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post #11 of 34 Old 11-30-2008, 07:20 PM
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What about starting with a green broke horse while working with a trainer and boarding with that trainer.

Are you absolutely sure you wanna mess with my carrots?
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post #12 of 34 Old 11-30-2008, 07:23 PM
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I have to disagree with most of the people that have responded. You didn't say you were just going to see how it went, you said you were going to get a trainer. I don't see what could go wrong if you were working under a good trainer.

How many of you started on green hoses working under a trainer or instuctor?
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post #13 of 34 Old 11-30-2008, 07:28 PM
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Originally Posted by FehrGroundRanch View Post
How many of you started on green hoses working under a trainer or instuctor?
We did. We had our trainer choose the horse. He then purchased the horse. The horse is boarded at his home. Joshua came with ~60 days of training. He's been with our trainer since July. It's been very nice for us because we've learned about training. We've had a lot of fun installing buttons.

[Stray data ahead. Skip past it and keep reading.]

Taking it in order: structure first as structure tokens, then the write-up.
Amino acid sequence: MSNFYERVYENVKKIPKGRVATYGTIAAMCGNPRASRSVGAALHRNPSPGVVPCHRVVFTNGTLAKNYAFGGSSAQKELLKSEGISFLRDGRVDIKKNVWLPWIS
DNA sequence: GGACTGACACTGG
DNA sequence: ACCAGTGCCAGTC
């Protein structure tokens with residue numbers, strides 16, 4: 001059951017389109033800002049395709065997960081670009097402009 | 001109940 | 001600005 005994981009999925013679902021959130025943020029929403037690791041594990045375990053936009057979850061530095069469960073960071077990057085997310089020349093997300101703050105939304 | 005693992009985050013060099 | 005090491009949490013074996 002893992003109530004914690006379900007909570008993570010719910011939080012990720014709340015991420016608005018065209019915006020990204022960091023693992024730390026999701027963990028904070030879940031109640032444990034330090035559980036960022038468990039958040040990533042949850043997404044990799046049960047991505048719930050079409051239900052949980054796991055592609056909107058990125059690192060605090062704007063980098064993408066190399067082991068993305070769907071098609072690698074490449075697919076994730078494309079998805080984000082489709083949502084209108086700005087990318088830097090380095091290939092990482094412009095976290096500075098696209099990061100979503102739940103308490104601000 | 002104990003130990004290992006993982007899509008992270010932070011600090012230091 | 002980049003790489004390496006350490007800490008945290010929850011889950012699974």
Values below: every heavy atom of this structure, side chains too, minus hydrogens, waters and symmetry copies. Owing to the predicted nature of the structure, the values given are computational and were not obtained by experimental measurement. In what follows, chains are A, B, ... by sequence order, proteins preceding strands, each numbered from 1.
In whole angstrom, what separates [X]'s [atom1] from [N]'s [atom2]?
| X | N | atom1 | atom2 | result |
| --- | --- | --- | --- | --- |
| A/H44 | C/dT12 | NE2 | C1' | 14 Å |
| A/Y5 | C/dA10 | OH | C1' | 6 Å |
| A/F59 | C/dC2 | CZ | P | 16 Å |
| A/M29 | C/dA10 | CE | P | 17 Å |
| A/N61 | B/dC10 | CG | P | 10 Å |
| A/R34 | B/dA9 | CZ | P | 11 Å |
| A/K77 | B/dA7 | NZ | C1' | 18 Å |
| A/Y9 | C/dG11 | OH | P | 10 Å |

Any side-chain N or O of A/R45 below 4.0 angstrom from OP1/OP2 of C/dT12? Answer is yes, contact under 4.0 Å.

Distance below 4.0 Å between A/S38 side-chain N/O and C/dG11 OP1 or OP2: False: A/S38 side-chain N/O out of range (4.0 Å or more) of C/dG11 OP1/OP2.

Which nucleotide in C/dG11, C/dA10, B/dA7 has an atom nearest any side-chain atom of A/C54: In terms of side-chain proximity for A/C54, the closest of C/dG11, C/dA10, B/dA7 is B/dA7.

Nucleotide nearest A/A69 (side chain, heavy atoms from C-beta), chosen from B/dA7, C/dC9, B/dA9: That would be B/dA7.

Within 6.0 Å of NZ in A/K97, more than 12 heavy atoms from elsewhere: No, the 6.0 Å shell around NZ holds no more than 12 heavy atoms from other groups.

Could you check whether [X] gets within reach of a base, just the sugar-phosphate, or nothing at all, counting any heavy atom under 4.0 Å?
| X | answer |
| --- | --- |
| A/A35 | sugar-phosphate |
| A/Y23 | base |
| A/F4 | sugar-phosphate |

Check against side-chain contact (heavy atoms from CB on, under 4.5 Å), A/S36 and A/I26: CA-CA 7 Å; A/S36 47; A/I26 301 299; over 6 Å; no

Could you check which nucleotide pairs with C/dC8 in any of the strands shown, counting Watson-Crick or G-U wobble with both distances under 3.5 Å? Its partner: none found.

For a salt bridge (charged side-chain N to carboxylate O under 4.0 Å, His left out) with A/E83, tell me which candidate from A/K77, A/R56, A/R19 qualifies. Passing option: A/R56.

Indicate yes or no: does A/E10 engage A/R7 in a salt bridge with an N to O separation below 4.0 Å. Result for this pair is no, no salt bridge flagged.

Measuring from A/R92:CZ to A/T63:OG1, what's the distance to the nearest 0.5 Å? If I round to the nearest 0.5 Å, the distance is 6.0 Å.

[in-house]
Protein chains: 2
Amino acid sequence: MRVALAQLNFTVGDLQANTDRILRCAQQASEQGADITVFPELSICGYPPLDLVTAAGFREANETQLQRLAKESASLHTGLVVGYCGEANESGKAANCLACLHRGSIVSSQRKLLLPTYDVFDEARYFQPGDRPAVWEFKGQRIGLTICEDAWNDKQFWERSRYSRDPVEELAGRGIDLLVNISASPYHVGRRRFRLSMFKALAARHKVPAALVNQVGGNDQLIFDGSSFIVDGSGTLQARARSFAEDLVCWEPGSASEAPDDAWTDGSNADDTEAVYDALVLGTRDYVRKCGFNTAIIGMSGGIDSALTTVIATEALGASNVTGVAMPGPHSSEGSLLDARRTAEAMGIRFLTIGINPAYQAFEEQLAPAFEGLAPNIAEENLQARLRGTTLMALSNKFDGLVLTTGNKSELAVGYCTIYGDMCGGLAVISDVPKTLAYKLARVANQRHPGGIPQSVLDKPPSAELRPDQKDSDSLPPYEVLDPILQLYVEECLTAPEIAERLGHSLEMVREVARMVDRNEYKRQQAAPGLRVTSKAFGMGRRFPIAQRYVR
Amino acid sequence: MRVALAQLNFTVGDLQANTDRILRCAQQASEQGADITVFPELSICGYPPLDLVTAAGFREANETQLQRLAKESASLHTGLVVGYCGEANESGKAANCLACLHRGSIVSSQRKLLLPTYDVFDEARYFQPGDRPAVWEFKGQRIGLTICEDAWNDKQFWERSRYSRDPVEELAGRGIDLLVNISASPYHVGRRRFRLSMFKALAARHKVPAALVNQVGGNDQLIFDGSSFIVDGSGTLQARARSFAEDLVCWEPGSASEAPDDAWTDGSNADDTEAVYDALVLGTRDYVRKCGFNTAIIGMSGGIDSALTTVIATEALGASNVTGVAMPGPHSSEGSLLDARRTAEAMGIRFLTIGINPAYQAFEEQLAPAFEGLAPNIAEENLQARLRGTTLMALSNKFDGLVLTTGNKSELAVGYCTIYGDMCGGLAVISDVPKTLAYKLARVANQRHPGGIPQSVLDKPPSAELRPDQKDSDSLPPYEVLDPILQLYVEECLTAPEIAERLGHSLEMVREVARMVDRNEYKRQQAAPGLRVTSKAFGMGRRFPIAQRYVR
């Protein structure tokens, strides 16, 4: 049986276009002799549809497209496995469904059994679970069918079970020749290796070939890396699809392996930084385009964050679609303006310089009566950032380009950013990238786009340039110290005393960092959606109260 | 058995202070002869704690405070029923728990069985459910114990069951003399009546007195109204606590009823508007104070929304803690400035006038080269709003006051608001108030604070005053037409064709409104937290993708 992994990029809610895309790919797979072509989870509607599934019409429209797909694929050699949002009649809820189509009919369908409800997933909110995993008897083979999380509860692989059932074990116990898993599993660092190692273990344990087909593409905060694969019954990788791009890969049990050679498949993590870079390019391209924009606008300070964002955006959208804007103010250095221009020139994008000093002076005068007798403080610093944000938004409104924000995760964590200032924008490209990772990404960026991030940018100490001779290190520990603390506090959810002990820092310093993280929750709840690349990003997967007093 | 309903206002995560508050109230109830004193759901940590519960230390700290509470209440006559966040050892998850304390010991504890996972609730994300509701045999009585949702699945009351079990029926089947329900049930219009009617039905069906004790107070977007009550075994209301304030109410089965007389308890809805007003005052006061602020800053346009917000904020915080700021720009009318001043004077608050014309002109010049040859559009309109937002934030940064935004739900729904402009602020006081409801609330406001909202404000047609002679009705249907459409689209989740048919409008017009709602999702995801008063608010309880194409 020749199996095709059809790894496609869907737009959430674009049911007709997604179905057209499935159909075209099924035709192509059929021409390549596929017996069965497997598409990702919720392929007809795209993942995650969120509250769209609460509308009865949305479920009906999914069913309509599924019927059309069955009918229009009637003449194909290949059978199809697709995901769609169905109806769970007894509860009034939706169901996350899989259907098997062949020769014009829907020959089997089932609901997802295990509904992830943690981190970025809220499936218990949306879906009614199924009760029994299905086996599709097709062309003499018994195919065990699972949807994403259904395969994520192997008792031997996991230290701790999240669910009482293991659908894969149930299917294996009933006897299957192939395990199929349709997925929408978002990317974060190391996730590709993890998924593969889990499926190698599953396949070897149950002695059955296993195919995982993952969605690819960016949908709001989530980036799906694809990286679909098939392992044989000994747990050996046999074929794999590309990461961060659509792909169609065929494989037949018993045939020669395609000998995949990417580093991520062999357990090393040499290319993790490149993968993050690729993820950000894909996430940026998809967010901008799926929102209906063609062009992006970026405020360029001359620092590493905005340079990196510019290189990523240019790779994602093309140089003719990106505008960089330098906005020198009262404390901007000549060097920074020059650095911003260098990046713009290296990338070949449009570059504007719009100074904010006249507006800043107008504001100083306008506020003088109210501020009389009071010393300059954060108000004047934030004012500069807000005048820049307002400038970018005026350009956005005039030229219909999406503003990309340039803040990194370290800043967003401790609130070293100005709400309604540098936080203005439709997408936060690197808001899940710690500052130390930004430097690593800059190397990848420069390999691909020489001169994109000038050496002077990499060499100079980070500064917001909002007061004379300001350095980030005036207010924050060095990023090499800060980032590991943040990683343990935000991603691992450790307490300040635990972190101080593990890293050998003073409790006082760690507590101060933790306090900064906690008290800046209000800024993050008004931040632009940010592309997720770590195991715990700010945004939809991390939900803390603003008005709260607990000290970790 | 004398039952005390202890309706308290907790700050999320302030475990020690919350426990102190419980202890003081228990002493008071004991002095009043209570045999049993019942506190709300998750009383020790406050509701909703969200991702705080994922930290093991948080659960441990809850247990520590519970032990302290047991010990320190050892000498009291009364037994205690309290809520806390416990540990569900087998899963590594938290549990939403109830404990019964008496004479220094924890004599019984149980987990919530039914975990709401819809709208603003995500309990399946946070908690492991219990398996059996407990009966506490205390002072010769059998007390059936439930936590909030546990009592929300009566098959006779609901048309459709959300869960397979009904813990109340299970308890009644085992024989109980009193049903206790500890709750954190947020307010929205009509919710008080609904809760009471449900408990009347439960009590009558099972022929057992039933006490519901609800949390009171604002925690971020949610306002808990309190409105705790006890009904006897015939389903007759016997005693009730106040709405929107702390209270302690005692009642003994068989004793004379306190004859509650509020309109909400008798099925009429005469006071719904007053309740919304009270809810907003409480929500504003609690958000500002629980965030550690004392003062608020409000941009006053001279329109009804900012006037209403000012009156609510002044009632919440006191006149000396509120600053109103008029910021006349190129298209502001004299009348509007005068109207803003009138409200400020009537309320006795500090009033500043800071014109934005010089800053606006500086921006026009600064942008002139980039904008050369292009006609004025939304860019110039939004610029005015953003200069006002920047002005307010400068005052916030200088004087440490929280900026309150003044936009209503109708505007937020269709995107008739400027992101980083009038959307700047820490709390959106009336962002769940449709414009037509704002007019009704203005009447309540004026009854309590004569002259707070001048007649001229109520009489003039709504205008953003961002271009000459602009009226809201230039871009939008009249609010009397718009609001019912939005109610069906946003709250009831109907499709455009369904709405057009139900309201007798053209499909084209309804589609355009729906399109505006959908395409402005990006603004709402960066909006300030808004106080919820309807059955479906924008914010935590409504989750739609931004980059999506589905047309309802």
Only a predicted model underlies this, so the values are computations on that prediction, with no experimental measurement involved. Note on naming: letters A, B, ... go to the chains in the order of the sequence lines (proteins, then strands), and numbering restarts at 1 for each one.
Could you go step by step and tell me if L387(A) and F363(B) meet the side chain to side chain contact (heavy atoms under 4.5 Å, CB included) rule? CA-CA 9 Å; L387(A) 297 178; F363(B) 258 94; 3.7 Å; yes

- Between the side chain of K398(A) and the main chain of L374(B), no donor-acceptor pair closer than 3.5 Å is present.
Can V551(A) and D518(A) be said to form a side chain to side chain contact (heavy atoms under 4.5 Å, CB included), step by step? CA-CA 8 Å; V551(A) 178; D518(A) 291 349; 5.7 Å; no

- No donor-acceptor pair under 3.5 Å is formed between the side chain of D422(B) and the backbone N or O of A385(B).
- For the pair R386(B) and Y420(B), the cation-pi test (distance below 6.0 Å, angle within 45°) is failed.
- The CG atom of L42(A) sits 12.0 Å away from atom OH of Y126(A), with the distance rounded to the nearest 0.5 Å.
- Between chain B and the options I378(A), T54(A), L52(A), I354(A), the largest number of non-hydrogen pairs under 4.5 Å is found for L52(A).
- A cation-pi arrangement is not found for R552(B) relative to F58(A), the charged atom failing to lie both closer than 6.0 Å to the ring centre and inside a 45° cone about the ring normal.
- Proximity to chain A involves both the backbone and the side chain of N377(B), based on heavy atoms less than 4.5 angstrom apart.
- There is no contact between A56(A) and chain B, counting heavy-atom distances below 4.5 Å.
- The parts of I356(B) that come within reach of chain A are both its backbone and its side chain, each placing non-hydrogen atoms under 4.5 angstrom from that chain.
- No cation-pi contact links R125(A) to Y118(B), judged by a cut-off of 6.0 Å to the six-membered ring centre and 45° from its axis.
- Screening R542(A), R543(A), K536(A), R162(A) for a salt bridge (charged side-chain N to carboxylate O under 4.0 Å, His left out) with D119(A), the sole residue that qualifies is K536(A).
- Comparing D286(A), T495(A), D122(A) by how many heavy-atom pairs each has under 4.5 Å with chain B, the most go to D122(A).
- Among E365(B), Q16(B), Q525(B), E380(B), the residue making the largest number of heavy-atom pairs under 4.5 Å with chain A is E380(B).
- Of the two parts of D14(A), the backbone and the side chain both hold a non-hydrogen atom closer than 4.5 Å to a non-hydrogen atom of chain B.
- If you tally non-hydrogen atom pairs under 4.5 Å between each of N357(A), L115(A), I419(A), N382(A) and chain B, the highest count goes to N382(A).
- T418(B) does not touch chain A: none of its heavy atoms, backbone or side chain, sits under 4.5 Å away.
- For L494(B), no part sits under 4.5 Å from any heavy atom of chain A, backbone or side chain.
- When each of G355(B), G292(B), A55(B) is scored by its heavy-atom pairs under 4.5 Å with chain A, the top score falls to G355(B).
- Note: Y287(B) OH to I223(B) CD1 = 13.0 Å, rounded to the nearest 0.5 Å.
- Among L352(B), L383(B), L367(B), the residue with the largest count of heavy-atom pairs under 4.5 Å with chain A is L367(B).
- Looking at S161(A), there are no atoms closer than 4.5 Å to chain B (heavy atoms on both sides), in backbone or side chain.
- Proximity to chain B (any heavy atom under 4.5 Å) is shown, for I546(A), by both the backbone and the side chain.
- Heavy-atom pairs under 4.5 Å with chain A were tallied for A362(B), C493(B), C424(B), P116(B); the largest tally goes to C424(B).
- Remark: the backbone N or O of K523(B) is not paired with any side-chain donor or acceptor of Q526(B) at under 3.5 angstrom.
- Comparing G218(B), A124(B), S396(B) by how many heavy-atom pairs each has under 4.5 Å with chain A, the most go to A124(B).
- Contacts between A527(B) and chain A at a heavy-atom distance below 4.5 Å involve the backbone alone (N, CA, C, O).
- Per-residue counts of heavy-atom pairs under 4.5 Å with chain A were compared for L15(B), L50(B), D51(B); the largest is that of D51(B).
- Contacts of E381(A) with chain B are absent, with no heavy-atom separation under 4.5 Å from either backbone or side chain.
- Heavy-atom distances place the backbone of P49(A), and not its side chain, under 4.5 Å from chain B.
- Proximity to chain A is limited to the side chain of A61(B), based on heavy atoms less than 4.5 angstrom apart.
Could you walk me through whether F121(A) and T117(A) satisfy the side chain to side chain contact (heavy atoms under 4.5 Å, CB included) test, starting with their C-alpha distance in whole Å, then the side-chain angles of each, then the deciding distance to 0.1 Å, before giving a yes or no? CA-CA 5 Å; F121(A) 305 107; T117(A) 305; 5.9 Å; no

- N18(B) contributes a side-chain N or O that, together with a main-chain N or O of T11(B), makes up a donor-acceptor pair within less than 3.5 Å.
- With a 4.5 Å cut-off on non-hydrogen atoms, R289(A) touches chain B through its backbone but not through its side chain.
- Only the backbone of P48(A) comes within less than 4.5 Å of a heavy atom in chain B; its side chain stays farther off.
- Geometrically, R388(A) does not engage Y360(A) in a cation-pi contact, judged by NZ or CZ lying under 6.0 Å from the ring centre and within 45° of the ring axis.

Our trainer huffed that Joshie was "an arena horse" when he came. He's muscled up and it's been very nice to learn with him. I DO NOT think this is a good idea unless you have a very kind and willing horse and a very, very good trainer.

Are you absolutely sure you wanna mess with my carrots?
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post #14 of 34 Old 11-30-2008, 11:17 PM
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my belief is this:

a horse learns everything from its trainer. we also learn from our horses but we have to have that backing behind us before we try to teach our horses anything.

if you are going to have a trainer that is a much better scenario but still in my mind i think you would be better off getting yourself an older 'been there done that' horse and then after you have much more experience handling and dealing with youngsters you could move on and get yourself a little one. the potential for getting hurt is high enough for people who have experience working with young horses. i shudder to think how the stats change for someone with not a lot of experience and i would hate to see you hurt.

there is no right or wrong decision here though i dont think. if you do get a foal just be safe and make sure you find a reputable trainer. the last thing you want is the blind leading the blind :)

"I whisper but my horse doesnt listen...So I yell!!...He still doesnt listen"

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post #15 of 34 Old 12-01-2008, 12:01 AM Thread Starter
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thanks everyone for your input! This is a decision that will not have to be made for at least a year. Hopefully I will be much better informed then. I truly wish I could have a horse now, but I know I am not yet knowledgeable.